Photo by Gigie Cruz/GAIA.
Nurses, students call for junking JPEPA,
say they’re not tradable goods
Saying they are not tradable goods to be exported cheaply to Japan, some two hundred nurses and nursing students trooped today to the Senate to protest the Japan-Philippines Economic Partnership Agreement (JPEPA), which the senators are discussing for the fourth in a series of pre-ratification hearings.
Dean Edward Malzan of the College of Nursing of Colegio de San Lorenzo in Quezon City, spokesperson for the Philippine Nurses Association (PNA), said that the nurses and nursing students are taking issue with what they see as inequitable and insecure terms under which Filipino nurses would be allowed to work in Japan through a preferential trade agreement.
Photo by Gigie Cruz/GAIA.
Malzan said that the JPEPA left out essential labor safeguards for the practice of Filipino nurses in Japan. Filipino nurses are very likely to end up as mere trainees and be integrated into Japan’s notorious trainee system, under which foreign workers perform equal work as Japanese nationals but receive significantly lesser pay.
Under the JPEPA, a Filipino nurse who has passed the Philippine Licensure Exam and has three years of work experience is qualified to go to Japan, but has to undergo six months of language training in Japan. He or she will also be given three years to hurdle the licensure exam in Japanese while training under the supervision of a Japanese nurse. Failure in passing the Japanese exam means the Filipino nurse would have to go back to the Philippines.
In a protest tableau, the protesters showed a group of nurses closely packed into a wooden crate labeled “JPEPA EXPORT TO JAPAN: FOR ABUSE AND EXPLOITATION.”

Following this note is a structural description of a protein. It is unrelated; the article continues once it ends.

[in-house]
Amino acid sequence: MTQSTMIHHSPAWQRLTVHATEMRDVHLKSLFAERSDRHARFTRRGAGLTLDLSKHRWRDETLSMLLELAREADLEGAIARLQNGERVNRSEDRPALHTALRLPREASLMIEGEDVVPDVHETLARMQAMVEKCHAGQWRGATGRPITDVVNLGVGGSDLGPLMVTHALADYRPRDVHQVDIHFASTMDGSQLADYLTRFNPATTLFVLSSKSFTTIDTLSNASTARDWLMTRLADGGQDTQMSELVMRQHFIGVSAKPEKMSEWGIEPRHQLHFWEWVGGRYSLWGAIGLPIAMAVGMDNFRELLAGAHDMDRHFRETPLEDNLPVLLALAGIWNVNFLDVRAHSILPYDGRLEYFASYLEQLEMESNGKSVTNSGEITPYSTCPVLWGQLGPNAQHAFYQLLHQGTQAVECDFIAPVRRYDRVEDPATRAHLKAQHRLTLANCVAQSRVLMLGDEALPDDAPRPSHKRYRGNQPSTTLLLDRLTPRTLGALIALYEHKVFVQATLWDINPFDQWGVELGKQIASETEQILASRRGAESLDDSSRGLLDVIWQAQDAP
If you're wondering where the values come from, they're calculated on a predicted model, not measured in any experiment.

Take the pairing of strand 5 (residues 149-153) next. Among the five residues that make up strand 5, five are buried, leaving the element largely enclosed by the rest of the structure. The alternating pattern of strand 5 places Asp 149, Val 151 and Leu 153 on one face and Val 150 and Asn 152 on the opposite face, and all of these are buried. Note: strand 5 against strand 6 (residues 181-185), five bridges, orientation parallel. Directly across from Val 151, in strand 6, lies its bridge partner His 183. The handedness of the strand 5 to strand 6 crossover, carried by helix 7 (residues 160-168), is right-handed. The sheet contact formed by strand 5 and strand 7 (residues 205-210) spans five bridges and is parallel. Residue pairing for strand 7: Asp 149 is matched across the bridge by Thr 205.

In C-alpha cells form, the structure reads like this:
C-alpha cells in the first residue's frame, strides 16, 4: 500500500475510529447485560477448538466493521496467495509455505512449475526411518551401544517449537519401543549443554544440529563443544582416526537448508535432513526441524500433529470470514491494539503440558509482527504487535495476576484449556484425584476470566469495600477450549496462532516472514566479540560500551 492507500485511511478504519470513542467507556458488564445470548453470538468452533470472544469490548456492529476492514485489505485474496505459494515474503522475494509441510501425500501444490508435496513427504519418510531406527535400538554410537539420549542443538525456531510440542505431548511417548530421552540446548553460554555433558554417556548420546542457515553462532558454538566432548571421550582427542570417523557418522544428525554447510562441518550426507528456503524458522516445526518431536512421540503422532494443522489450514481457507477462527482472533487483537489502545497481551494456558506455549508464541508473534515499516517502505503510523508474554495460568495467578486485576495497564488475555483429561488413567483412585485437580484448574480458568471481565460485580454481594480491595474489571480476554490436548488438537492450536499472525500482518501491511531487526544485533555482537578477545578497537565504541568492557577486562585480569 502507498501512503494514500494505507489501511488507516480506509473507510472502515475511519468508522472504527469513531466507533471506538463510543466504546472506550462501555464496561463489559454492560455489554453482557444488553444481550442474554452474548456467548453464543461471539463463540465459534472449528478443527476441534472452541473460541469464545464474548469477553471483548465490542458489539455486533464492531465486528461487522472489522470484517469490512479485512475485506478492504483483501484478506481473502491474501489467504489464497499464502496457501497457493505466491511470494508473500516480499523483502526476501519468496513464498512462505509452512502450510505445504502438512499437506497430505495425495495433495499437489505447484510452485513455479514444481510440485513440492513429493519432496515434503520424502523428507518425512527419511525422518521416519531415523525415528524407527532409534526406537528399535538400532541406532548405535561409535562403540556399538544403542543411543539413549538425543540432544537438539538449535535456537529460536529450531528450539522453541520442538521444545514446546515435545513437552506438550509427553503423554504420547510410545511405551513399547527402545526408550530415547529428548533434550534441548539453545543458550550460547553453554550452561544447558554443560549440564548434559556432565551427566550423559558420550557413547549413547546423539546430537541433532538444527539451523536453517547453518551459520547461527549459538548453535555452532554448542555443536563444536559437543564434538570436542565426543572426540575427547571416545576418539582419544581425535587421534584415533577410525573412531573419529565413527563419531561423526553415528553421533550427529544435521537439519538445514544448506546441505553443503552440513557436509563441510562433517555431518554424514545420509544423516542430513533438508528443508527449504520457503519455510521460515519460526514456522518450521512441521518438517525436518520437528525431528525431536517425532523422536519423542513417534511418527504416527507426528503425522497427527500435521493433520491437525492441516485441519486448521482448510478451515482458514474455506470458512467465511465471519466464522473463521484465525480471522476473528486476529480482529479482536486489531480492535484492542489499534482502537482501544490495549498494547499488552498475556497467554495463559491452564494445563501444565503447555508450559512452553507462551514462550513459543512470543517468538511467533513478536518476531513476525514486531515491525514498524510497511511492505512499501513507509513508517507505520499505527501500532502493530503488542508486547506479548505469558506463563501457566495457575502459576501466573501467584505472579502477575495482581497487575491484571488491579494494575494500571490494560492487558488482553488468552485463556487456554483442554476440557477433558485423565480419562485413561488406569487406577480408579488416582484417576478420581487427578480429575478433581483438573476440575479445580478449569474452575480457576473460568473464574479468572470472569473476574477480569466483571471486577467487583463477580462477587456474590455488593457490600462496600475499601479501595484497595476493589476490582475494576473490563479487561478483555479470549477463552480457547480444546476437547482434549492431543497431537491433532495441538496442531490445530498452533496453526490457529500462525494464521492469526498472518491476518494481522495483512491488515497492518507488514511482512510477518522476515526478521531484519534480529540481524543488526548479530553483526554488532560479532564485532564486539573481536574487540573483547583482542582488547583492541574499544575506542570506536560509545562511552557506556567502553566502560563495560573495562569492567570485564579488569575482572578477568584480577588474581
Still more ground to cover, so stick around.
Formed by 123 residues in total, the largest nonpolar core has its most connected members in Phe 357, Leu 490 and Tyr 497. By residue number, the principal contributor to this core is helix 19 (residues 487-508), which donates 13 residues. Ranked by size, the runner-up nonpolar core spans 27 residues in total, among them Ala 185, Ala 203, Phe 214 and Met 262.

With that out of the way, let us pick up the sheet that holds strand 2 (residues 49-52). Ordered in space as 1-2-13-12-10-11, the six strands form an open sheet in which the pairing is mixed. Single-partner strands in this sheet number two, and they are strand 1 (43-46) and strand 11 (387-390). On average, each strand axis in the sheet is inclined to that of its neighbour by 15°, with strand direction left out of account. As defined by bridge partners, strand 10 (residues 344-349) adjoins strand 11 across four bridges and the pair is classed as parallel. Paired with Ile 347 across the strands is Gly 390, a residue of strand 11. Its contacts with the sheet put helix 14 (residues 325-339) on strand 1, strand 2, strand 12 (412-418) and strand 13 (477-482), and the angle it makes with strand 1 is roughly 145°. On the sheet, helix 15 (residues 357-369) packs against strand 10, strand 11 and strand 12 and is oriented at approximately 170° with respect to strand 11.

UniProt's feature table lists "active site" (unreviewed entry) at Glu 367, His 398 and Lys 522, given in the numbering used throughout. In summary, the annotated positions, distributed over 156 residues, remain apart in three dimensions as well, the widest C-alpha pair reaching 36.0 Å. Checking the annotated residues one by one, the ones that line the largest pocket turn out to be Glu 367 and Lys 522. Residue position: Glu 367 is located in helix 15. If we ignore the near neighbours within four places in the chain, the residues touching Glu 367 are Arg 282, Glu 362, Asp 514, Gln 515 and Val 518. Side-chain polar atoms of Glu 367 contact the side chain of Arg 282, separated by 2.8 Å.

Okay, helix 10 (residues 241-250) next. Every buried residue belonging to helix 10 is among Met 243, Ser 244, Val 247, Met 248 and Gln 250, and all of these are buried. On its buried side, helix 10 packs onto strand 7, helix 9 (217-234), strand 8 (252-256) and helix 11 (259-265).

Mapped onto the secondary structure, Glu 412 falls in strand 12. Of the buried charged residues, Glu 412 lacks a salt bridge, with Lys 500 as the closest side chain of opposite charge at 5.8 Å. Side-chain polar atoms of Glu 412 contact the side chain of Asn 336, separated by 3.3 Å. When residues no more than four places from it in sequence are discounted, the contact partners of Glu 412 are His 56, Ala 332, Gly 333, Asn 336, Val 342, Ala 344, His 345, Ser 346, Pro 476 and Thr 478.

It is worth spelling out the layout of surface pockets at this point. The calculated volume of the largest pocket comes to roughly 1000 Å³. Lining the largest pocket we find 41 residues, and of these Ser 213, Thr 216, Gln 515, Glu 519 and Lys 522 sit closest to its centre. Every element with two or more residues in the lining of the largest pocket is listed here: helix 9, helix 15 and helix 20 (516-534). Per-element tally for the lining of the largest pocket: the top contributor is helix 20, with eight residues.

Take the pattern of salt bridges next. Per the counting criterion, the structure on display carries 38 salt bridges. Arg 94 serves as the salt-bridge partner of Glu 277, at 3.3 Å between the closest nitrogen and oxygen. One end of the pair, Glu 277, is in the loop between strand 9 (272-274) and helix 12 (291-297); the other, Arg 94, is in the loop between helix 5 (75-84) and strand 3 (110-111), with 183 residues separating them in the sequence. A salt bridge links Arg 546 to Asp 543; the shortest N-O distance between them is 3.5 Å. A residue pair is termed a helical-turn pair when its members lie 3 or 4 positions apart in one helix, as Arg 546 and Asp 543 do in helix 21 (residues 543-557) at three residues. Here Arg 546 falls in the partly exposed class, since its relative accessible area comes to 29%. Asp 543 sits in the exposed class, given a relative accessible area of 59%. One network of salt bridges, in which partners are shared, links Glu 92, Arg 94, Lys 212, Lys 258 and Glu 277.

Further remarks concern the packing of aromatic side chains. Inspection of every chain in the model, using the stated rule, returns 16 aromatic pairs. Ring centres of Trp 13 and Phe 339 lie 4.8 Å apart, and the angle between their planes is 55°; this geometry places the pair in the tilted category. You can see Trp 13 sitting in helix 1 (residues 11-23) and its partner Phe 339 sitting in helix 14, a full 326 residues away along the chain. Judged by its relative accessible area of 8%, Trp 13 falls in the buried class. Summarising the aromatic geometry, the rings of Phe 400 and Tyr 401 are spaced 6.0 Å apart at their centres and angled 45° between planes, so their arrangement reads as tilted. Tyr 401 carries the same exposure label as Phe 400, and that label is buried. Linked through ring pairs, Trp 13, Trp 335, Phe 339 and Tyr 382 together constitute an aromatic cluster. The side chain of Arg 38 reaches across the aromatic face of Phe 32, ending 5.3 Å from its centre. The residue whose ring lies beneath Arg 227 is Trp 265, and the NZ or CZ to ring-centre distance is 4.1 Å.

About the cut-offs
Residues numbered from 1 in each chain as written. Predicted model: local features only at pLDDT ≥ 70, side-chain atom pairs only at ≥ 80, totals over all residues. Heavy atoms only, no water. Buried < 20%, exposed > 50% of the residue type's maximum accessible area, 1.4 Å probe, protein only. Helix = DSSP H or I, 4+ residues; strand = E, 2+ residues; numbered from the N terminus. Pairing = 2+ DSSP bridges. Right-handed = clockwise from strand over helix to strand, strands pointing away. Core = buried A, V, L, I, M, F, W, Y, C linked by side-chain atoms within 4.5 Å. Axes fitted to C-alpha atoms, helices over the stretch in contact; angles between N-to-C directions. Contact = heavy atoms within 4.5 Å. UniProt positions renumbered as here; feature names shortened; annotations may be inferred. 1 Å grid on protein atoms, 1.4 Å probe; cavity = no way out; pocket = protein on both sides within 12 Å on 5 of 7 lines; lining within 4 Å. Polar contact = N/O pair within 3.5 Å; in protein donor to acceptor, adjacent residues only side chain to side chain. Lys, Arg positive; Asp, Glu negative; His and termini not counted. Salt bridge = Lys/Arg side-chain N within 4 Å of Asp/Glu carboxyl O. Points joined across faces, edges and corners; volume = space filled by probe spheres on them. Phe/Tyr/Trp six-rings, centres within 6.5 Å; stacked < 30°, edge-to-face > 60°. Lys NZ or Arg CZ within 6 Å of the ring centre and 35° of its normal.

At the same time the protesters were picketing the Senate gates, Leah Paquiz, president of the PNA, was testifying during the hearing being conducted by the Committee on Foreign Relations to discuss the provisions of the JPEPA relating to the movement of natural persons.
In a statement delivered to the Senate, Paquiz said that the unnecessarily stringent requirements of the JPEPA will effectively relegate the Filipino nurse as a contractual second-class trainee in Japan, with a status inferior to that of a Japanese nurse.
She lamented the fact that Japan gave better terms to Indonesian nurses in the Japan-Indonesia Economic Partnership Agreement (JIEPA). Under the JIEPA, an Indonesian nurse with only three years of professional education and with only two years of work experience is qualified to go to Japan. In contrast, a Filipino nurse is required four years of professional education and three years work experience to qualify under the JPEPA.
“In our opposition to the JPEPA, we are fighting for the dignity and professionalism of the Filipino nurse. The Filipino nurse is just as competent as her Japanese and Indonesian peers. If Japan truly needs our services, then it must give us the same treatment and professional courtesy that we get from the rest of the world,” added Dr. Paquiz.
Paquiz added that even the Japanese Nursing Association (JNA) itself vigorously opposes the entry of Filipino nurses abroad. “Why should we insist on going to a place where we are not wanted when there are other countries where we are wanted and that offer more attractive compensation?” asked Paquiz.
The JNA in an official statement earlier said that there is no shortage of nurses in Japan and that the Japanese government must first address the problems of the nursing industry there before allowing the entry of foreign nurses.
All photos by Gigie Cruz/GAIA.